Will the Bank of England clamp down on BTL lending?

Fears that buy-to-let investors may soon be denied access to larger loans have been addressed by the Bank of England.

It confirmed that there is currently “no immediate case for action in the buy-to-let mortgage market”.

It follows concerns the Bank of England would apply tough new lending criteria in the buy-to-let sector – something it has already done in the residential sector.

The governor of the Bank of England Mark Carney applied a maximum income multiple of 4.5 times income on the majority of loans approved for those buying their own home. The move was aimed at ensuring borrowers do not overstretch themselves financially and can continue to afford to live in the properties they’ve bought.

The growth in the buy-to-let sector prompted concerns that the Bank of England would expand its influence, affecting the loans taken out by landlords.

In its latest Financial Policy Committee statement, the Bank of England said: “Buy-to-let mortgage lending has the potential to amplify the housing and credit cycles.”

It admitted that the extent of the so-called amplification is hard to judge as the market has only recently grown significantly.

A variety of factors – including rising house prices and a loosening of pension rules that enable people to invest more of their retirement funds into property – mean buy-to-let has become extremely popular in recent years.

In fact, figures published by the Bank of England suggest that the outstanding stock of buy-to-let mortgage lending has increased by more than 40 per cent since the height of the credit crisis in 2008.

The bank’s FPC statement went on to suggest: “Any increase in buy-to-let activity…could add further pressure to house prices. This could prompt owner-occupier buyers to take on even larger loans, thereby increasing overall risks to financial stability.”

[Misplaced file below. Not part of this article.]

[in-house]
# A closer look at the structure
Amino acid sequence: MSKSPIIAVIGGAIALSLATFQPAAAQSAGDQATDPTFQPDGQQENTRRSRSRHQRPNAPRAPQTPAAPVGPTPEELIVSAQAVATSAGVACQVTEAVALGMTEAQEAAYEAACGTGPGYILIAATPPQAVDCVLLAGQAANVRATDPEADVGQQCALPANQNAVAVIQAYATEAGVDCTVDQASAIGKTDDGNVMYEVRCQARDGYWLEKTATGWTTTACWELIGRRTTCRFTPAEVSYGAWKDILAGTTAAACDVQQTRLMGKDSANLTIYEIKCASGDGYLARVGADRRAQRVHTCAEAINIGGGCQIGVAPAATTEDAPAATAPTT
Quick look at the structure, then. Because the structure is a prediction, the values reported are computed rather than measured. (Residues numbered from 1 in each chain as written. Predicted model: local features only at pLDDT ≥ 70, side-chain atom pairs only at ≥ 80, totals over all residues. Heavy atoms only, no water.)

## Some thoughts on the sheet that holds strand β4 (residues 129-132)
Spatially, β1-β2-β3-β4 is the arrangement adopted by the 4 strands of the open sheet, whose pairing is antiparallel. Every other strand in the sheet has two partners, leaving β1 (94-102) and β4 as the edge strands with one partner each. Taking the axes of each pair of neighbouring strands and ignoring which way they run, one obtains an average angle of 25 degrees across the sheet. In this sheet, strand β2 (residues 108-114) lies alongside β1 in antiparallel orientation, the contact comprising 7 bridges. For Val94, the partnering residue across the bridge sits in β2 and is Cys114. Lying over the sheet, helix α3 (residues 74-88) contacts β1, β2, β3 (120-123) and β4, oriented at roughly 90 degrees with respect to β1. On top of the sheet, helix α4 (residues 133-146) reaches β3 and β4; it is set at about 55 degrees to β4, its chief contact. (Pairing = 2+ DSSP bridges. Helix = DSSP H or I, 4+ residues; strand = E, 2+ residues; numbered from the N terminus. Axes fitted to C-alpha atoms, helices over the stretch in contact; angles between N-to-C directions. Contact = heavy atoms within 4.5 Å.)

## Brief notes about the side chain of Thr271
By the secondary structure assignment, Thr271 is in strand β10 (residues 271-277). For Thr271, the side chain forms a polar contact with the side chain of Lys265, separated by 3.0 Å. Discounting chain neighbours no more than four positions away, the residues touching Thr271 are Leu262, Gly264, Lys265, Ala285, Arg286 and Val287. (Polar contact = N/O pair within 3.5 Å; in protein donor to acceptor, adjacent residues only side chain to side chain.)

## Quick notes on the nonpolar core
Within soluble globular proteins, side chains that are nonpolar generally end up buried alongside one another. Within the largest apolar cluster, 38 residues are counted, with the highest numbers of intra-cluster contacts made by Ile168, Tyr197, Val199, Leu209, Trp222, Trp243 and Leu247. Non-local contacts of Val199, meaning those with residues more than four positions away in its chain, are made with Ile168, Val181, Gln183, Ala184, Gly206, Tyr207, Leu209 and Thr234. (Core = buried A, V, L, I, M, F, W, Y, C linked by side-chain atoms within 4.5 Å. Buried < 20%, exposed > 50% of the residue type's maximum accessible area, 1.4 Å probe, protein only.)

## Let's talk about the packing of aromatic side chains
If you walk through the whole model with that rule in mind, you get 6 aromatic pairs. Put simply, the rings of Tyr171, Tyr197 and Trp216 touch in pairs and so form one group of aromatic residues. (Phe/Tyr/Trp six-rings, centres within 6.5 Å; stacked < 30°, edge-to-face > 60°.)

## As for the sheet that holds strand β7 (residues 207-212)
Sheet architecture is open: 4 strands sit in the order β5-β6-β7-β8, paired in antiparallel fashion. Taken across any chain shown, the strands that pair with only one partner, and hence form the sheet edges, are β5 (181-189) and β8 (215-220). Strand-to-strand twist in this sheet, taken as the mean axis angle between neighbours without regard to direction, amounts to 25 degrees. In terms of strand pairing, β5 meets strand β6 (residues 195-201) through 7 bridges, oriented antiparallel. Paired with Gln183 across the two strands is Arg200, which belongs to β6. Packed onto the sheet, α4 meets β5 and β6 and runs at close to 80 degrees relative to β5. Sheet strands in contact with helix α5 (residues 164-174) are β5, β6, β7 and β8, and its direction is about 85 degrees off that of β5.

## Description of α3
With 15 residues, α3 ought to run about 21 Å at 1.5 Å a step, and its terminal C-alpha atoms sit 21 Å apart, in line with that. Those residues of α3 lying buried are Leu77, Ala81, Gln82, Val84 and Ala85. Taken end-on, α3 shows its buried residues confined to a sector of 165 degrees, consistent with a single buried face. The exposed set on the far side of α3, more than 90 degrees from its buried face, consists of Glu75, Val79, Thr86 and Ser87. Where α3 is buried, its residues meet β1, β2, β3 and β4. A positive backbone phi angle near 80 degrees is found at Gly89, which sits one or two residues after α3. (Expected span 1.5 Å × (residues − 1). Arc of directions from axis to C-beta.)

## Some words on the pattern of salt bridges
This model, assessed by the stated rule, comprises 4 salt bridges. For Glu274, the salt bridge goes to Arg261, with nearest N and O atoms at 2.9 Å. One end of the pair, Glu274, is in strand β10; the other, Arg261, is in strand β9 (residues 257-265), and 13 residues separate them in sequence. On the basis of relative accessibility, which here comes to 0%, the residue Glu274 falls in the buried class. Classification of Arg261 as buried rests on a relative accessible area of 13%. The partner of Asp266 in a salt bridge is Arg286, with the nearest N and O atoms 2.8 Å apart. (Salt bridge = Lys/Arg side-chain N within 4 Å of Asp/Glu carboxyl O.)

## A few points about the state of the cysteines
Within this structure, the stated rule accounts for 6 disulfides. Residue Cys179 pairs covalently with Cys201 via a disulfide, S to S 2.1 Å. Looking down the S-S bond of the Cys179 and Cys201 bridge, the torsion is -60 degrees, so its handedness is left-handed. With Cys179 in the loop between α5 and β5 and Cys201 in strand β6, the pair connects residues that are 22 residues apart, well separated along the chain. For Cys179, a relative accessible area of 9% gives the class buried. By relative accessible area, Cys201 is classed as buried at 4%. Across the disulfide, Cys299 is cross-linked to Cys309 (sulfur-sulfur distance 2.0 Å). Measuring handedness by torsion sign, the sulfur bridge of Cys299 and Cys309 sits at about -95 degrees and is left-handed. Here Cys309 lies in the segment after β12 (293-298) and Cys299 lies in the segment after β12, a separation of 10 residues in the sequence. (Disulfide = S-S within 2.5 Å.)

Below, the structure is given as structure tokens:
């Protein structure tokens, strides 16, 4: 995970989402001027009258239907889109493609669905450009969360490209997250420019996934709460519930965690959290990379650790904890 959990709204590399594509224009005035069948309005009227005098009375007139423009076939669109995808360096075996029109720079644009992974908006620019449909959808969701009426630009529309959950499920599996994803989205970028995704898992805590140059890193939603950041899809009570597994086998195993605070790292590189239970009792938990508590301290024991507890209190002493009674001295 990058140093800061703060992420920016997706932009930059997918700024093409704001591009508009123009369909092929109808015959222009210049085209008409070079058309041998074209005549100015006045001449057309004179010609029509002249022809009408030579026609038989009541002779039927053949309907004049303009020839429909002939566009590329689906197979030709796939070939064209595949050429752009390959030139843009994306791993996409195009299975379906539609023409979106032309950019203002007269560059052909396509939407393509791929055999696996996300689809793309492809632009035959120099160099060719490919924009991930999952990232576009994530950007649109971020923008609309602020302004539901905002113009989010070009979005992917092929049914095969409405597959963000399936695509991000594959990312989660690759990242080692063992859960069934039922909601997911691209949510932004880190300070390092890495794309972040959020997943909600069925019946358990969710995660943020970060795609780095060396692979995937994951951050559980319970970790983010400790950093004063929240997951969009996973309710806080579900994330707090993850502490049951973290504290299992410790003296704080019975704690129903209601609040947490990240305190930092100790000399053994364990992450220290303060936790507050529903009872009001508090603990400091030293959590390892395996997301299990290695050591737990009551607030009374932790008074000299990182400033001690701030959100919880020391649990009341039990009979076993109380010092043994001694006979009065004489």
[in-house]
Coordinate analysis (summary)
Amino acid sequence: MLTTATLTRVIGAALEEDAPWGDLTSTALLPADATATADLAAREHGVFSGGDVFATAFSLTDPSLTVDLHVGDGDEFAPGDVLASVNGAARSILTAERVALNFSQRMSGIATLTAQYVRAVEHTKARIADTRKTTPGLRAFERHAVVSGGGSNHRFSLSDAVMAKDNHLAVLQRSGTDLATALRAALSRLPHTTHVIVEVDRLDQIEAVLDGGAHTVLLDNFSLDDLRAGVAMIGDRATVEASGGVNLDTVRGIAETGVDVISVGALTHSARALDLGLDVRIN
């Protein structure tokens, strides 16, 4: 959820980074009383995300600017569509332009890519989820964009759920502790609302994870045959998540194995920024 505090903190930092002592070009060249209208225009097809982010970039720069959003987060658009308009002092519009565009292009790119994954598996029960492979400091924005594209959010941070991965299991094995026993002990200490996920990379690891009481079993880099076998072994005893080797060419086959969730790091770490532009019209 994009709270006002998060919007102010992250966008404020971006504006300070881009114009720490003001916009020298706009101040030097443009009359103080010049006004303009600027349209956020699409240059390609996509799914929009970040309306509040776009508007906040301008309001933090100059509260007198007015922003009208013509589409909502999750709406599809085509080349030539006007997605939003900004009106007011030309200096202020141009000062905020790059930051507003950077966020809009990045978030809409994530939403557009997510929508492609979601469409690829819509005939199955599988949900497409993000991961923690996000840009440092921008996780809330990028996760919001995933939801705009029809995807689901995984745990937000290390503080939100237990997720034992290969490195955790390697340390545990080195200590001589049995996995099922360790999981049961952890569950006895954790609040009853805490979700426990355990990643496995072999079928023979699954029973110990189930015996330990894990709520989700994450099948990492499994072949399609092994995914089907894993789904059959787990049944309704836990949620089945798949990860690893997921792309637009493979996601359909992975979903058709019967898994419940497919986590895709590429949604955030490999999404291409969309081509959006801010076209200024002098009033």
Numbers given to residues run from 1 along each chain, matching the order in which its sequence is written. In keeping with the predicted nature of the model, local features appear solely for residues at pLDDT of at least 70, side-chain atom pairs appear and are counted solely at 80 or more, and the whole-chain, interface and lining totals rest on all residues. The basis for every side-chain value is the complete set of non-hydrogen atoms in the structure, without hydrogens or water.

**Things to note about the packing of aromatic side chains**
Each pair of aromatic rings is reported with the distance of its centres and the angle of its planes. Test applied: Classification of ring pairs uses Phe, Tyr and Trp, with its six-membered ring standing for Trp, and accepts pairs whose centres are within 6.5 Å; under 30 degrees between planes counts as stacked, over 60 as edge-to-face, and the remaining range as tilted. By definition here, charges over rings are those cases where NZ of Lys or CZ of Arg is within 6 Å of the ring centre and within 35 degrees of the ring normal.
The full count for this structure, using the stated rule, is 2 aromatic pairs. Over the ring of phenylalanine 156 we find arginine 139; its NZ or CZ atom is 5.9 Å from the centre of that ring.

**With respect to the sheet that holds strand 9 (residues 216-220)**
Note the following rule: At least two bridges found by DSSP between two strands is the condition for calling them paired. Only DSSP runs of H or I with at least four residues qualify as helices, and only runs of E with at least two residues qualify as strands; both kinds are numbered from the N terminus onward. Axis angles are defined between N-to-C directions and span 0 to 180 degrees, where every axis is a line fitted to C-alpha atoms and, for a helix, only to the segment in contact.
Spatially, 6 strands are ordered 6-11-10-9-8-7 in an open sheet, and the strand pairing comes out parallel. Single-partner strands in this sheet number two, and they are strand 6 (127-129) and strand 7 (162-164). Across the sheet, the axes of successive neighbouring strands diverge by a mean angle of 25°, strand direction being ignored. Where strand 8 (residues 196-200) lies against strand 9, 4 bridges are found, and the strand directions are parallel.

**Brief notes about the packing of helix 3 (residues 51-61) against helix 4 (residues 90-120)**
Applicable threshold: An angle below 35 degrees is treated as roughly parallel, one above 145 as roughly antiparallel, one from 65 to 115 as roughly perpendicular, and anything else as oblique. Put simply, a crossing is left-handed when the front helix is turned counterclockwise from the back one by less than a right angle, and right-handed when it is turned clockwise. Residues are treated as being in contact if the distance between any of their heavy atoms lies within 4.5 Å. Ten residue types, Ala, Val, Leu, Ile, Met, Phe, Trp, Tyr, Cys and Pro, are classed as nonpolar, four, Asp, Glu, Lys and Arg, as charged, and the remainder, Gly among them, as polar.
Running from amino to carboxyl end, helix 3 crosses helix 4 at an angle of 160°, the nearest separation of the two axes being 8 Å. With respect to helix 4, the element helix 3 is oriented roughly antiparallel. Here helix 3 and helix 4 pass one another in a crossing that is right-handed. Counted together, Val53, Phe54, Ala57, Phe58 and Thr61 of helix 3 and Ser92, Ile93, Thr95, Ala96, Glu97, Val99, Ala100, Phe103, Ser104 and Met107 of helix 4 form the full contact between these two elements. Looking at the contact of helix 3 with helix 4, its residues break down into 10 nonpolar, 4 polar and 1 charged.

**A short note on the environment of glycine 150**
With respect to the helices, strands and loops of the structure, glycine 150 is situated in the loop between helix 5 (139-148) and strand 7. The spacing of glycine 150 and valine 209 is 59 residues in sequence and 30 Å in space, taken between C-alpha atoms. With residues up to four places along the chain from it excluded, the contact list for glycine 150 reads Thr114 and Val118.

The bank believes that the changes to mortgage interest tax relief, announced in the July Budget, are likely to discourage some investors to take out bigger loans. And it reported that there has been no significant drop in the lending criteria applied by banks on buy-to-let loans. Less than 12 per cent of buy-to-let lending in the three months from April to June this year involved a deposit of less than 25 per cent, compared to almost 40 per cent of residential lending.

As such, the FPC judges said no immediate action is required.

This comes as a huge relief to landlords who are facing increasing pressure from various sides – from a clamp down on tax reliefs to further rules governing their relationships with tenants.

Landlords are not, however, totally out of the woods yet as it appears that the situation will continue to be monitored, with the terms and conditions on buy-to-let mortgage lending remaining under the spotlight.

The bank said: “The Committee considered the rapid growth rate of buy-to-let mortgage lending. It does not consider action to be warranted at present but will monitor underwriting standards and other conditions closely.”



Photo: ‘The Bank of England’ by Captain Roger Fenton 1860